Scrum is overkill, but Agile is more natural for small teams, even one person teams. The point of Agile is laying out a backlog of user stories upfront that accurately describe the client's use cases.
Before the start of each sprint, priority and LOE (Level of Effort or Points) are determined for user stories, and based on what is possible in the 2-3 week sprint timeframe, user stories are added to the sprint.
At the end of the sprint, all the user stories should be developed and tested and the most important aspect of all is that all functionality from previous sprints should be unaffected and the software should not be left at the end of the sprint in a broken state.
Does it make sense to release to the client after every sprint? No, it doesn't and this is a common misconception of Agile that I see all the time. I encounter few clients who want a working release after every sprint. Some may want a release every quarter for instance, and if Agile is being followed, then the last released sprint should always be in a usable state where a release can be prepared for the client on a regular interval. Some clients may also want an environment where they can authorize, demo and evaluate the latest sprint so that they can keep up to date on the real time progress of the project.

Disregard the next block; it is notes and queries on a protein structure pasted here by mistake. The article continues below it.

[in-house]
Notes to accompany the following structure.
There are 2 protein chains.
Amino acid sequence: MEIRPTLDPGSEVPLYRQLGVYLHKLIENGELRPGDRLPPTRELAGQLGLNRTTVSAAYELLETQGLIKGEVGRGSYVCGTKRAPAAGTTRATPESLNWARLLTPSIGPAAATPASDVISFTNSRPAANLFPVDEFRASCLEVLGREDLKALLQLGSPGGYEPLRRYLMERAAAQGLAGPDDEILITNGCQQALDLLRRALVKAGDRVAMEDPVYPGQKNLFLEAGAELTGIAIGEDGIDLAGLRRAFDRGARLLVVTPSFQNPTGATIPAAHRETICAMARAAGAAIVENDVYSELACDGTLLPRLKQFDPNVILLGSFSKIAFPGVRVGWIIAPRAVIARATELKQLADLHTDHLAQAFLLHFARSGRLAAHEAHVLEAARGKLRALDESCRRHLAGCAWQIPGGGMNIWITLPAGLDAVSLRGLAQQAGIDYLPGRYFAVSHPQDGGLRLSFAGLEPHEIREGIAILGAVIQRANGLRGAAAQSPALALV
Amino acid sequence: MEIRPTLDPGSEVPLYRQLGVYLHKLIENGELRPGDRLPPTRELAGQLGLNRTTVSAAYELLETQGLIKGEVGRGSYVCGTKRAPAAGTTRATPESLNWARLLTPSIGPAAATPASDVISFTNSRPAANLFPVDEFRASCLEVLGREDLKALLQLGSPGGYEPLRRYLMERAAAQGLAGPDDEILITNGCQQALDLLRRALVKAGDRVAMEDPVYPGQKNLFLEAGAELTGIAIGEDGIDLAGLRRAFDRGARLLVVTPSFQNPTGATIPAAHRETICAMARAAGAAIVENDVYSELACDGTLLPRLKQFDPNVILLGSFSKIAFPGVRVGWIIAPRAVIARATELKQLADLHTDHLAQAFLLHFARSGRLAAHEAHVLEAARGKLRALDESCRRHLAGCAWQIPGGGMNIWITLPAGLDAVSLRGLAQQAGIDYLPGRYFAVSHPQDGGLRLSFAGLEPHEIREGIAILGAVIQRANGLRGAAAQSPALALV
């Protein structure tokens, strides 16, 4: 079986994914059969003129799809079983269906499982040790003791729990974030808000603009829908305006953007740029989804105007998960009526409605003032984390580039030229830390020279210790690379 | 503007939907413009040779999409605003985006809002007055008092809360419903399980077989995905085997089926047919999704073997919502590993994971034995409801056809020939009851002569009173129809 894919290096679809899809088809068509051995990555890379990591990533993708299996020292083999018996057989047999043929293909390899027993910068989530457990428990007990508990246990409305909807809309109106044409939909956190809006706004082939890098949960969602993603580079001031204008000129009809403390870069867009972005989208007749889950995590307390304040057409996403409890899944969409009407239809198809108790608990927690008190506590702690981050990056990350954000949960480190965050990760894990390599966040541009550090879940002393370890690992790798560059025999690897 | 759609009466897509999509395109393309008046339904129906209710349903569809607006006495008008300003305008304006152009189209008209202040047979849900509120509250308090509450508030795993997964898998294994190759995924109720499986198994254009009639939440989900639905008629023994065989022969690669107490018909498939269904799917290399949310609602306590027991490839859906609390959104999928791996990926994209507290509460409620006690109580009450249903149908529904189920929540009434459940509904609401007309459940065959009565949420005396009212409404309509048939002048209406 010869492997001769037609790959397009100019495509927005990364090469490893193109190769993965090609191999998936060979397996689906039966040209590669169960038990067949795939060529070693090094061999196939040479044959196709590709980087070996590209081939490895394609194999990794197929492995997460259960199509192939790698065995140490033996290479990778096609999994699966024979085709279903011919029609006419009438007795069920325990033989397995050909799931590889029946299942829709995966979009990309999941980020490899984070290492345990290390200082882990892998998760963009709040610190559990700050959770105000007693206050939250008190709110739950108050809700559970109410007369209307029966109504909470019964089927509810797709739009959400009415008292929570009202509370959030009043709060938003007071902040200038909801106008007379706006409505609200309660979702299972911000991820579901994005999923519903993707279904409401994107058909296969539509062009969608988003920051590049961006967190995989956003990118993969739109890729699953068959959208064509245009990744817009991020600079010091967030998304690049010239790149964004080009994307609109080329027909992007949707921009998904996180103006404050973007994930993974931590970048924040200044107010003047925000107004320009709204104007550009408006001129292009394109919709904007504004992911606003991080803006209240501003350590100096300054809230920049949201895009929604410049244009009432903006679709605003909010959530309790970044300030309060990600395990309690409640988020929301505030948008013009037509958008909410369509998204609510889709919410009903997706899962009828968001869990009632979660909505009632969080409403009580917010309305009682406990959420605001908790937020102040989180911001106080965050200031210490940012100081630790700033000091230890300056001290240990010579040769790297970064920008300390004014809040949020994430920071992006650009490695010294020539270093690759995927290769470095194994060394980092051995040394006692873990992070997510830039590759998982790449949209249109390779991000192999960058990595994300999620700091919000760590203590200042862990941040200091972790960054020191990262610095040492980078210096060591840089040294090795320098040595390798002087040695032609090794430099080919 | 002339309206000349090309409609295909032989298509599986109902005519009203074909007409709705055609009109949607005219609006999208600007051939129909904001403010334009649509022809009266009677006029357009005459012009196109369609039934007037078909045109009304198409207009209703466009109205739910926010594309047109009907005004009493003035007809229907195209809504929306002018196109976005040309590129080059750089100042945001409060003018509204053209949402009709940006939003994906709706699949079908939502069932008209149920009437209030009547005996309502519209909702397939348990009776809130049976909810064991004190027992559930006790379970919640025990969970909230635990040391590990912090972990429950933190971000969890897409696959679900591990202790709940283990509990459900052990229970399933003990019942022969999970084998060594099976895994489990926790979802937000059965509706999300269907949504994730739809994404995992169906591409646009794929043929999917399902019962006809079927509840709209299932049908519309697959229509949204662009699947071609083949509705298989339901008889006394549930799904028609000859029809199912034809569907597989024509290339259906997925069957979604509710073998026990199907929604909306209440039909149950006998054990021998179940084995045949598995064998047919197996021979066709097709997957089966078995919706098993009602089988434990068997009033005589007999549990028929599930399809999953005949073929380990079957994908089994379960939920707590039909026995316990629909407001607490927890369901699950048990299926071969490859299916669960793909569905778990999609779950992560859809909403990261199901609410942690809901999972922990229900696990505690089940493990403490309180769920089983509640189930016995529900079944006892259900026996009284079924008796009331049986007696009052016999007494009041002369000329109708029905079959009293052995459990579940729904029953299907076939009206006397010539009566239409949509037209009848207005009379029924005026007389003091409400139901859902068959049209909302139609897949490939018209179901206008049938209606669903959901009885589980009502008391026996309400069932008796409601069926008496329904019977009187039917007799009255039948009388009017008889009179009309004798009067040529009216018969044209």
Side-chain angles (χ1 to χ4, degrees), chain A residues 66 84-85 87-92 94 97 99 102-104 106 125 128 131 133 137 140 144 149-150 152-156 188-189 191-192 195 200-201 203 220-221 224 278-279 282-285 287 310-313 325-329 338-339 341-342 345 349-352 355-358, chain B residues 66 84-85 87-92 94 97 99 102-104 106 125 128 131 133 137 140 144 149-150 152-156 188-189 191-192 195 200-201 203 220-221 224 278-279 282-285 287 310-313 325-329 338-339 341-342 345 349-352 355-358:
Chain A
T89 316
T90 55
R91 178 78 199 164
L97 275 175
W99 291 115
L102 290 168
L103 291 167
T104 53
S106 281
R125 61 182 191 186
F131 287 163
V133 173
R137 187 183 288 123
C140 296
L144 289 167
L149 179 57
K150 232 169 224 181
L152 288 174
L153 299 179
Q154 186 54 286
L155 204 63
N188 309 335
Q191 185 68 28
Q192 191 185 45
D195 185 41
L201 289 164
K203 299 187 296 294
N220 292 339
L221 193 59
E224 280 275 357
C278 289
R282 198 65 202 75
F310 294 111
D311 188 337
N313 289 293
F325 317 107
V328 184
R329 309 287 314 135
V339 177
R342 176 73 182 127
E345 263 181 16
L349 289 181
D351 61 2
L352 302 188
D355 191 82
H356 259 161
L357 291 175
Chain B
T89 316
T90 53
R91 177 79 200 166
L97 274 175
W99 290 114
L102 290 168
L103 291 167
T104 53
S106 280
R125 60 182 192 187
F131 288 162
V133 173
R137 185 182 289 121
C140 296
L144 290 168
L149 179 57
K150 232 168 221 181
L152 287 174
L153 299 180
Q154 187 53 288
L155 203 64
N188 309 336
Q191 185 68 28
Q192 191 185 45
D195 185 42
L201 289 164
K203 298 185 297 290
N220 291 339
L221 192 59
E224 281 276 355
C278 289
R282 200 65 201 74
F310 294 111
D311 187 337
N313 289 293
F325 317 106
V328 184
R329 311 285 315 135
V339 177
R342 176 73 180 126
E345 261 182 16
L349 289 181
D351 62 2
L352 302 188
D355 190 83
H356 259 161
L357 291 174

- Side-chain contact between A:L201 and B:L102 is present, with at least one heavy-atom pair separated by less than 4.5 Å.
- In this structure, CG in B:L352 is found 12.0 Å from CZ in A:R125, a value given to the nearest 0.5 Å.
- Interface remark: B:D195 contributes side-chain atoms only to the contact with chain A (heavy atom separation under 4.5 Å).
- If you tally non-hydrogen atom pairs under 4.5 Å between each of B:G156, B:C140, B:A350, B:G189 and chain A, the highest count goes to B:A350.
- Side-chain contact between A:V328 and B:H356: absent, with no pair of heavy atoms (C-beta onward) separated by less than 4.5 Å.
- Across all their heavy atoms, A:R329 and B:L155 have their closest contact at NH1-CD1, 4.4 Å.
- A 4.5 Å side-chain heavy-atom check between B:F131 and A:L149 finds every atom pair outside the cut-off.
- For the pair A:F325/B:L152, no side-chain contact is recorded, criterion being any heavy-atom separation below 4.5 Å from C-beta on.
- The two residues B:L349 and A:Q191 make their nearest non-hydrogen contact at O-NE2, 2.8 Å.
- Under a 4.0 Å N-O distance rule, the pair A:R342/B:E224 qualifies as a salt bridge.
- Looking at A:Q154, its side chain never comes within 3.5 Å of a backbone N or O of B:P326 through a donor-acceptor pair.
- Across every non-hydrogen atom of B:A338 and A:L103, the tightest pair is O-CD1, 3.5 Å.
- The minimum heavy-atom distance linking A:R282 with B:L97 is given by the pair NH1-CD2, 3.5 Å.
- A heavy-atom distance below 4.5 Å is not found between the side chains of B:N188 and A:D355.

What about the challenges of providing software in a usable state within the first few sprints of a fresh new project? The first few sprints of a new project can be a big challenge because the amount of architecture and design work as well as foundation work that needs to occur always peaks at the beginning of a new project and gradually diminishes throughout development.
This can be dealt with in a number of ways, many shops will use the initial backlog of user stories to make and document core architecture decisions before the first sprint even begins. Other times the project is invisioned to be structurally similar to other previous projects and a project template is used that lays out the foundation for the core design and future development. I have also worked on teams where the architecture team starts to kick off the project with a 2-3 week Preamble before the first sprint is officially supposed to begin. The first sprint can start out small, for the developers too, for a typical CRUD application I always like to start off with a login page and authentication. It is easy to start, clearly defined what is finished, and can be clearly tested by QA at the early stages of the project.
EDIT: So how this helps your client is that changes can be made to user stories throughout the process, and this can reflect in modified timelines, estimations, quicker turnaround for the customer, more feedback to the client and more transparency to the client. This benefits you in that you will be more agile in dealing with changes to the original scope in the middle of a project.